Entrepreneurs in Hawaii have more opportunities for investment past the usual friends and families and venture capital sources.
Crowdfunding, royalty finance and syndicate funds were just some of the options discussed at the monthly Hawaii Venture Capital Association’s luncheon on Thursday.
HVCA board member Rob Robinson said most startups operate by bootstrapping, and do not receive money from venture capital or other investments. He said 90 percent of startups receive money from the three Fs – Founders, Friends and Families. For many innovative startups, the route to funding goes from bootstrapping to angel investors, venture capital, followed by non-financial corporations, equity markets and then commercial banks.
Darren Nunn, a partner at McCorriston Miller Mukai MacKinnon's corporate and public finance groups, spoke about investment-based crowdfunding and the JOBS Act. Since September 2013, entrepreneurs using Rule 506 of Regulation D exemption can now advertise their offering and solicit investors, and up to 35 unaccredited investors will now be able to participate in Rule 506 offerings. To become an accredited investor, individuals must have $1 milion in net worth or $200,000 in annual revenue.
Laurens Laudowicz, founder of Juicies, managed one of the most successful Kickstarter campaigns out of Hawaii, raising over $750,000. Prior to that, Juicies, a company that makes colorful charging cables for iPhones or Android-based smartphones, ran a campaign and raised $23,000, and its founders saw it as a way to test the market, not a funding tool. Laudowicz said it’s a first step for a company, and it should not deter from other investment rounds. He said the type of businesses best suited for crowdfunding must make products that pertain to people who shop online and likes trying new products, and the founders must like communicating with those customers.
Steve Markowitz, an investor and member of Hawaii Angels, said he participates in AngelList, a platform that connects angel investors with others around the world. A new phenomenon on the platform is syndicates, which joins investors around common causes and can create a fund quickly.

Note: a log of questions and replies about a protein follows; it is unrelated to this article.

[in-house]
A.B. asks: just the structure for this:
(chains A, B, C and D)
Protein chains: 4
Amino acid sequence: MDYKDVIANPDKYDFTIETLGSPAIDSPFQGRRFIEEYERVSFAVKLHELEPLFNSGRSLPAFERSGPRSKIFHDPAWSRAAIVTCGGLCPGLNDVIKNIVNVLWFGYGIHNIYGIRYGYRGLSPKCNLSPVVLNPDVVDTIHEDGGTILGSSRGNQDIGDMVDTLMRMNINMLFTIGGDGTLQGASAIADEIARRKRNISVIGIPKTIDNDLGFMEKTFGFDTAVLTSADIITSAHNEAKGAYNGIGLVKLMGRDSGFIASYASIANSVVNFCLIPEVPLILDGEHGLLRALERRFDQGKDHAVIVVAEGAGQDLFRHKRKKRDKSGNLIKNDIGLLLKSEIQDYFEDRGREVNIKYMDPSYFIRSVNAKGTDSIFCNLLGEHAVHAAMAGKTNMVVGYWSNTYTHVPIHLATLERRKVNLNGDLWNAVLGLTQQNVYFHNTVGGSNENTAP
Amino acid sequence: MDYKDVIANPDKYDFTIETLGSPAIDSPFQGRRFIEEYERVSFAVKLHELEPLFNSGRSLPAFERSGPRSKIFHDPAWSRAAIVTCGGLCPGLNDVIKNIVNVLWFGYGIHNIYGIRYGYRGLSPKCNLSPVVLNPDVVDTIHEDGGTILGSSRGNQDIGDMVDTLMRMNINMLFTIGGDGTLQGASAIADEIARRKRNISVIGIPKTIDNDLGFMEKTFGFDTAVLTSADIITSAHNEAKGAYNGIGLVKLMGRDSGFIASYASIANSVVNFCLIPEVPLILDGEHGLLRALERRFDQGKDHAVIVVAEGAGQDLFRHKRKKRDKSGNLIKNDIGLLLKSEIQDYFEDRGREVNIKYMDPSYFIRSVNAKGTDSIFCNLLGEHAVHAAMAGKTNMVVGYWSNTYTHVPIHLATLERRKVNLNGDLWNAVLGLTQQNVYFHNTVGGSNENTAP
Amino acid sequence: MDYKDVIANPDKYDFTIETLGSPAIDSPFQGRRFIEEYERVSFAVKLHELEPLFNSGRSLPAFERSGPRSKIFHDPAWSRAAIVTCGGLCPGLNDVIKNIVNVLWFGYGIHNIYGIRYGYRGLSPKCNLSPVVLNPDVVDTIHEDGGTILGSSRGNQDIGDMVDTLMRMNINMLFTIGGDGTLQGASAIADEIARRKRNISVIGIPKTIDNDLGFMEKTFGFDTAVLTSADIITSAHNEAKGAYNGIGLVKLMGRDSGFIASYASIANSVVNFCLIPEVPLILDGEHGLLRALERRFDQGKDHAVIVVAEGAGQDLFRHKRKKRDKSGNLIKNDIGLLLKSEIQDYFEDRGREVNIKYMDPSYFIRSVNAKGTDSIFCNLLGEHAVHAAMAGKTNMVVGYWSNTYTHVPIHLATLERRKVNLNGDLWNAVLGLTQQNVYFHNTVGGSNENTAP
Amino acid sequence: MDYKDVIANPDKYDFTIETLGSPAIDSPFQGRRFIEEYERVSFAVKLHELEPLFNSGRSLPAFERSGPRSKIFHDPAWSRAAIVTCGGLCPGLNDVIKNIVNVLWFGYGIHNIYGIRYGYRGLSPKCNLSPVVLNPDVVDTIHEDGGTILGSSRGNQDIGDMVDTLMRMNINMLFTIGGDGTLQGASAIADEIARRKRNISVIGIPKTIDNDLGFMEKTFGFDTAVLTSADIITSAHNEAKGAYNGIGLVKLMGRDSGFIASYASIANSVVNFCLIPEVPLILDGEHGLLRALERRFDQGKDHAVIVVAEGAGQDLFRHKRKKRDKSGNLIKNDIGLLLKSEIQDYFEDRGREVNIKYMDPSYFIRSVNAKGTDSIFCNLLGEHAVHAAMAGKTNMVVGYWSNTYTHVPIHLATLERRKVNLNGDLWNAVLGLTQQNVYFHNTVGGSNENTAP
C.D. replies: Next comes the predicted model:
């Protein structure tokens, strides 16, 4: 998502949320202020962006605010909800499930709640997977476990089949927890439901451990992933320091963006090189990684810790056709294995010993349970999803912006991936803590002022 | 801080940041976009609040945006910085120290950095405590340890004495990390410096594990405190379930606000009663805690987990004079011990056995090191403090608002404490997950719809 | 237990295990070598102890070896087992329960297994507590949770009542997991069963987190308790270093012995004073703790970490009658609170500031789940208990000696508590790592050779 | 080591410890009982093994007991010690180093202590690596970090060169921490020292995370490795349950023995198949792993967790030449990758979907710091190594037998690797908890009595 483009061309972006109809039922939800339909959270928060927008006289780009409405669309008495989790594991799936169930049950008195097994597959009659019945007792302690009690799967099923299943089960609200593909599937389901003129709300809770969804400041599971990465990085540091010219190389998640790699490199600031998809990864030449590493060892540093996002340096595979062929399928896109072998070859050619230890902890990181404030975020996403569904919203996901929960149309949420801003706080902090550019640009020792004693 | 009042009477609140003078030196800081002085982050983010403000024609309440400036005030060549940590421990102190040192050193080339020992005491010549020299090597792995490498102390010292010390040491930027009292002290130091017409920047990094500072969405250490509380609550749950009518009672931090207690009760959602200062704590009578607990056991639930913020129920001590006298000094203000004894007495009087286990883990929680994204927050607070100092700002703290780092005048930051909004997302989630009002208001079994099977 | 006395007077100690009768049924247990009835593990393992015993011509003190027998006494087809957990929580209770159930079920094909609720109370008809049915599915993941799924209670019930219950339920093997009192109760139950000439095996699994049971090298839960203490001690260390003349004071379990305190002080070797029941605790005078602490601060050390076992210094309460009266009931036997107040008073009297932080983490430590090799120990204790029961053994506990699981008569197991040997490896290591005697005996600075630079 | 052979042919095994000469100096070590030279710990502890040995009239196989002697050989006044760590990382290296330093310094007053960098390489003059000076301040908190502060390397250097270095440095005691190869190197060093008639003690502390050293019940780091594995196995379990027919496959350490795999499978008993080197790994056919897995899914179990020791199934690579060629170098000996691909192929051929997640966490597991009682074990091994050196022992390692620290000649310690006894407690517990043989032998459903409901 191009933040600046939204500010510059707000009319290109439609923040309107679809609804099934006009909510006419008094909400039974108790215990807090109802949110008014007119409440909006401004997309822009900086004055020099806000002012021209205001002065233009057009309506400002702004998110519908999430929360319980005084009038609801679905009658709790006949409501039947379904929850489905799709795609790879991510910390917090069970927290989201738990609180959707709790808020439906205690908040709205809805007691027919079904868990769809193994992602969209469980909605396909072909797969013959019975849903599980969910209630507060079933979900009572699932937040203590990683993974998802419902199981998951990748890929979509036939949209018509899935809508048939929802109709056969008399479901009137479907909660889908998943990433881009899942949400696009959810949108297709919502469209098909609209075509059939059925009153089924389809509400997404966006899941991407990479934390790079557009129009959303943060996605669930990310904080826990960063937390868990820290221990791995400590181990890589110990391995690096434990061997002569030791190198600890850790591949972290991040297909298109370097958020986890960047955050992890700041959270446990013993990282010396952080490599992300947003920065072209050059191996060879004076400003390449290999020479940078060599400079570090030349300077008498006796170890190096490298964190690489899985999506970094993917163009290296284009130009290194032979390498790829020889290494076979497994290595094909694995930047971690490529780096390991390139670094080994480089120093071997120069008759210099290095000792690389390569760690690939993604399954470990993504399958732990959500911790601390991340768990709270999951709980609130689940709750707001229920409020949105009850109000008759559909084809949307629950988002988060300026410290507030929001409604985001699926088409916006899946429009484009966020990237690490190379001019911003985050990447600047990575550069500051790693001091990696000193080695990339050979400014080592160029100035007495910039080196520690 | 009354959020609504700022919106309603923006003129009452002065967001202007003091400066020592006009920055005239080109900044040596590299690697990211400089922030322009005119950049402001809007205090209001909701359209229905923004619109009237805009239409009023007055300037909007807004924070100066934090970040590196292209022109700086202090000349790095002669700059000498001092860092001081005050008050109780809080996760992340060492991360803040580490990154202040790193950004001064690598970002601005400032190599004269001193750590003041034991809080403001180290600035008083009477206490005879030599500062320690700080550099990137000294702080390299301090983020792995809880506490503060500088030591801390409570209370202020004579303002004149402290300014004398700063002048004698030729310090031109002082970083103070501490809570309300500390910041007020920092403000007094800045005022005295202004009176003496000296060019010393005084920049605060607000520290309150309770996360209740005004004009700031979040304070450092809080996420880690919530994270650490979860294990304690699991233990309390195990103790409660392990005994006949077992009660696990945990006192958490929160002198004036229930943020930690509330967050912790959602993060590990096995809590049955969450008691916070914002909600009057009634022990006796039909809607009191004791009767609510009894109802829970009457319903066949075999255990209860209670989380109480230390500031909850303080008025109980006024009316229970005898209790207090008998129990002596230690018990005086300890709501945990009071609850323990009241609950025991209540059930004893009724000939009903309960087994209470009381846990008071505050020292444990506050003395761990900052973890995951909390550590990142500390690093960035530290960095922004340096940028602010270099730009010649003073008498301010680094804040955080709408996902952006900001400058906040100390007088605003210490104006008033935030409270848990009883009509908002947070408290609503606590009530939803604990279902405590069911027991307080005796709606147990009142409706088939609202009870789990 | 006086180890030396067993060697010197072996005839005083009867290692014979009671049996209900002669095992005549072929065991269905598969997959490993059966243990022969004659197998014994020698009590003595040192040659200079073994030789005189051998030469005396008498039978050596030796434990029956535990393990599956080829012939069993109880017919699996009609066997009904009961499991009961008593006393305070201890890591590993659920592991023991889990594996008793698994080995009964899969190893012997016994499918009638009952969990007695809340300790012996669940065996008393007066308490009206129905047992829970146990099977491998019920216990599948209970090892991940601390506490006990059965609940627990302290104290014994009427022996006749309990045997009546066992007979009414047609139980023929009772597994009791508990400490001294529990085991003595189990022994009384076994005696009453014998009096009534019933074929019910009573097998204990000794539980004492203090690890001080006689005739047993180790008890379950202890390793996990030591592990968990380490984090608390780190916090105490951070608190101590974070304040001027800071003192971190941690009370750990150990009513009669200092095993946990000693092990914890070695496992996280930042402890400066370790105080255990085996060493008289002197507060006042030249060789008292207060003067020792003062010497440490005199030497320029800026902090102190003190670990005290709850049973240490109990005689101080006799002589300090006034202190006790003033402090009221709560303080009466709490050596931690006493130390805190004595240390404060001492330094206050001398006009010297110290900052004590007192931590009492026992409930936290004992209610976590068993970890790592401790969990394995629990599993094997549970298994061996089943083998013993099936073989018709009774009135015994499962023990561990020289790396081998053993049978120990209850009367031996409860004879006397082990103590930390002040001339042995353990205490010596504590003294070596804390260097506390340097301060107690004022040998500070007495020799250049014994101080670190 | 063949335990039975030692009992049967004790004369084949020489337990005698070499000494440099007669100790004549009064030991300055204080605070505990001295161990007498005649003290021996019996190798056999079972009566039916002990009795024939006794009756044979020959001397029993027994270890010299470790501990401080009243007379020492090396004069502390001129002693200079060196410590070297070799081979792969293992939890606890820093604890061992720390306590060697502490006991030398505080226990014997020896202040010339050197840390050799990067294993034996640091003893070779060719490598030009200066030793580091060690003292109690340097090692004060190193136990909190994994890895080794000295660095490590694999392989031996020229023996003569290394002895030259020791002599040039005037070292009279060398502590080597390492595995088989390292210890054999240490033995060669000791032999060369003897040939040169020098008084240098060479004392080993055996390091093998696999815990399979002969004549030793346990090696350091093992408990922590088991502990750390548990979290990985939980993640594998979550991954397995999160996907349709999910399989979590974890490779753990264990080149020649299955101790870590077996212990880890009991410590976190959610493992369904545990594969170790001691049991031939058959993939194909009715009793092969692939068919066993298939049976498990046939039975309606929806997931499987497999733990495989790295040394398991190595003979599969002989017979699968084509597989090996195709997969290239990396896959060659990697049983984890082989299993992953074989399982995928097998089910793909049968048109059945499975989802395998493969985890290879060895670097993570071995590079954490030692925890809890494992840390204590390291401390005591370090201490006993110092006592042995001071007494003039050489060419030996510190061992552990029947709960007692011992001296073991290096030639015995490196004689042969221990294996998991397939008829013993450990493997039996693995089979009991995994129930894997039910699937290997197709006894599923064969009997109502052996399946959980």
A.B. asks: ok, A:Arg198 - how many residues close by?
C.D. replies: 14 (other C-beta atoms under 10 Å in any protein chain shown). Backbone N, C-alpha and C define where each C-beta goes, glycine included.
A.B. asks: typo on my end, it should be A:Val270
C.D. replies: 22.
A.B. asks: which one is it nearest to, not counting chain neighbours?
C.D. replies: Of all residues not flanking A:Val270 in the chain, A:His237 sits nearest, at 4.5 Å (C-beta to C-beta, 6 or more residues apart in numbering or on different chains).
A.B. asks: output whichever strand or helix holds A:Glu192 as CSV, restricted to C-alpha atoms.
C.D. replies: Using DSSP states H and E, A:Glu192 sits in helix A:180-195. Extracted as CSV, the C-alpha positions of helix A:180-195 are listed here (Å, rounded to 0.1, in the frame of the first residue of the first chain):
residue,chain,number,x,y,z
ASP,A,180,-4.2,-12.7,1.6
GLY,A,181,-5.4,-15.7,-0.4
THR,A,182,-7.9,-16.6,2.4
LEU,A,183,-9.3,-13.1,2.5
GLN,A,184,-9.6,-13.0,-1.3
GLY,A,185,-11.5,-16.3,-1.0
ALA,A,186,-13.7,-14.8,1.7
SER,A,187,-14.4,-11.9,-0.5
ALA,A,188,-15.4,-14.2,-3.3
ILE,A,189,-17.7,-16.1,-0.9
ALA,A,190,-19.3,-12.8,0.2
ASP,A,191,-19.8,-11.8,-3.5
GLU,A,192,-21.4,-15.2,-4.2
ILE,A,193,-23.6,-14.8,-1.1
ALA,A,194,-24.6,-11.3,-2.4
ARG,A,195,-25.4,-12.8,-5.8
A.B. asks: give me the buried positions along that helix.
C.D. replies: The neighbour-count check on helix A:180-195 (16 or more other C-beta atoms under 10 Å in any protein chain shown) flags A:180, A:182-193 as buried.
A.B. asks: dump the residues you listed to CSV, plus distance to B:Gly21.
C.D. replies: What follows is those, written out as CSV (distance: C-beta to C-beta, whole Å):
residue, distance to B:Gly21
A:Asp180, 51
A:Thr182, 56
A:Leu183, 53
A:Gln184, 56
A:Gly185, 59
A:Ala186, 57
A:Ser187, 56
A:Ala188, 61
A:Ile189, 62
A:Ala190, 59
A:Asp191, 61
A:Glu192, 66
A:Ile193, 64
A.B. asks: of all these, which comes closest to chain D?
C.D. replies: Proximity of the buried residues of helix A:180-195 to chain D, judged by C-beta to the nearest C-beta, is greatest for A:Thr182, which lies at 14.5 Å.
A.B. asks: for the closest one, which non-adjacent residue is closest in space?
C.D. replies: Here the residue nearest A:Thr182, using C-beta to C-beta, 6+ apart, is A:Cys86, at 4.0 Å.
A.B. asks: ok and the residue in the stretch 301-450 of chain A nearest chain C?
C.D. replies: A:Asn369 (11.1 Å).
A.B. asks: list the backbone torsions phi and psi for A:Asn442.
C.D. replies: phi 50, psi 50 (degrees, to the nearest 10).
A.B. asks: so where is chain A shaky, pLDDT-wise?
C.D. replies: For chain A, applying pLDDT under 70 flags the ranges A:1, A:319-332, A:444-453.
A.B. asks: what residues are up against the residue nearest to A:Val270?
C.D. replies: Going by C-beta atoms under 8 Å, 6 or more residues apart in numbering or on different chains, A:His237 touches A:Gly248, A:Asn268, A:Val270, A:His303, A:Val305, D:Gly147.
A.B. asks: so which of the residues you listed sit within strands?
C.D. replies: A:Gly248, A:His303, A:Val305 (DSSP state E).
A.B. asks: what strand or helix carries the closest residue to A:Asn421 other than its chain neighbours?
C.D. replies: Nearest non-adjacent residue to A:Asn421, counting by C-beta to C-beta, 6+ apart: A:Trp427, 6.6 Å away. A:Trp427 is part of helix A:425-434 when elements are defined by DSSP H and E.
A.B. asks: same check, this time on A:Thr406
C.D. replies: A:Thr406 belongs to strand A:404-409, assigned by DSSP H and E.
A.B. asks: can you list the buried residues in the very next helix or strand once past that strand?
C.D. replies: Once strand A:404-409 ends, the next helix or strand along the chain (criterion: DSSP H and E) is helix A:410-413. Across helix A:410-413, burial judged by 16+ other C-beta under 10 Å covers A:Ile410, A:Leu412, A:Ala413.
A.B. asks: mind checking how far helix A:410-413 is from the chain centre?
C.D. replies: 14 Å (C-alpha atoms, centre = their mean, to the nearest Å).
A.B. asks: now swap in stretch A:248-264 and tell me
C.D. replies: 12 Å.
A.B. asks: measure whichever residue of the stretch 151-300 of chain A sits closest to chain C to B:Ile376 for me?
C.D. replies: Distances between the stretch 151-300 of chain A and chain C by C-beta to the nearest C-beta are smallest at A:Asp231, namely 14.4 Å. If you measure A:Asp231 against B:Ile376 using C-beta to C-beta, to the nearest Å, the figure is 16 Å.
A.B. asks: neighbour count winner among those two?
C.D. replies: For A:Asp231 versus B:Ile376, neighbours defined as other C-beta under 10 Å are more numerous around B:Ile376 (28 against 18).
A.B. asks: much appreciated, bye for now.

While some see investing as a local act, syndicate investing bets on people you may not know. Markowtiz said investors can be as involved as much a they want, but some just see a hot deal and can see a quick return if they get into it. “There are great opportunities that present themselves,” he said.
Dustin Sellers of Koa Capital Partners LLC said he’s been an investor for 10 years and understands both the operator and investor point of view. He said when he asked friends and family for funding to start a company at age 24, it was a rite of passage. He thinks some people may not be doing their due diligence for some crowdfunding companies, but he feels like the due diligence is inherent with nieces and nephews because they are involved in their lives.
Michael North, co-founder of Pacific Royalties, discussed its concept where an investor will approach a company and say it will pay upfront costs in exchange for 5 percent of gross revenues over a period of time.
He said the companies they look for have three years of solid revenue and margins of 25 to 50 percent. An optimal royalty contract can be 20 years, but can be done in 10 years. North said the investor can recoup the initial investment during the first five years, with profits following.
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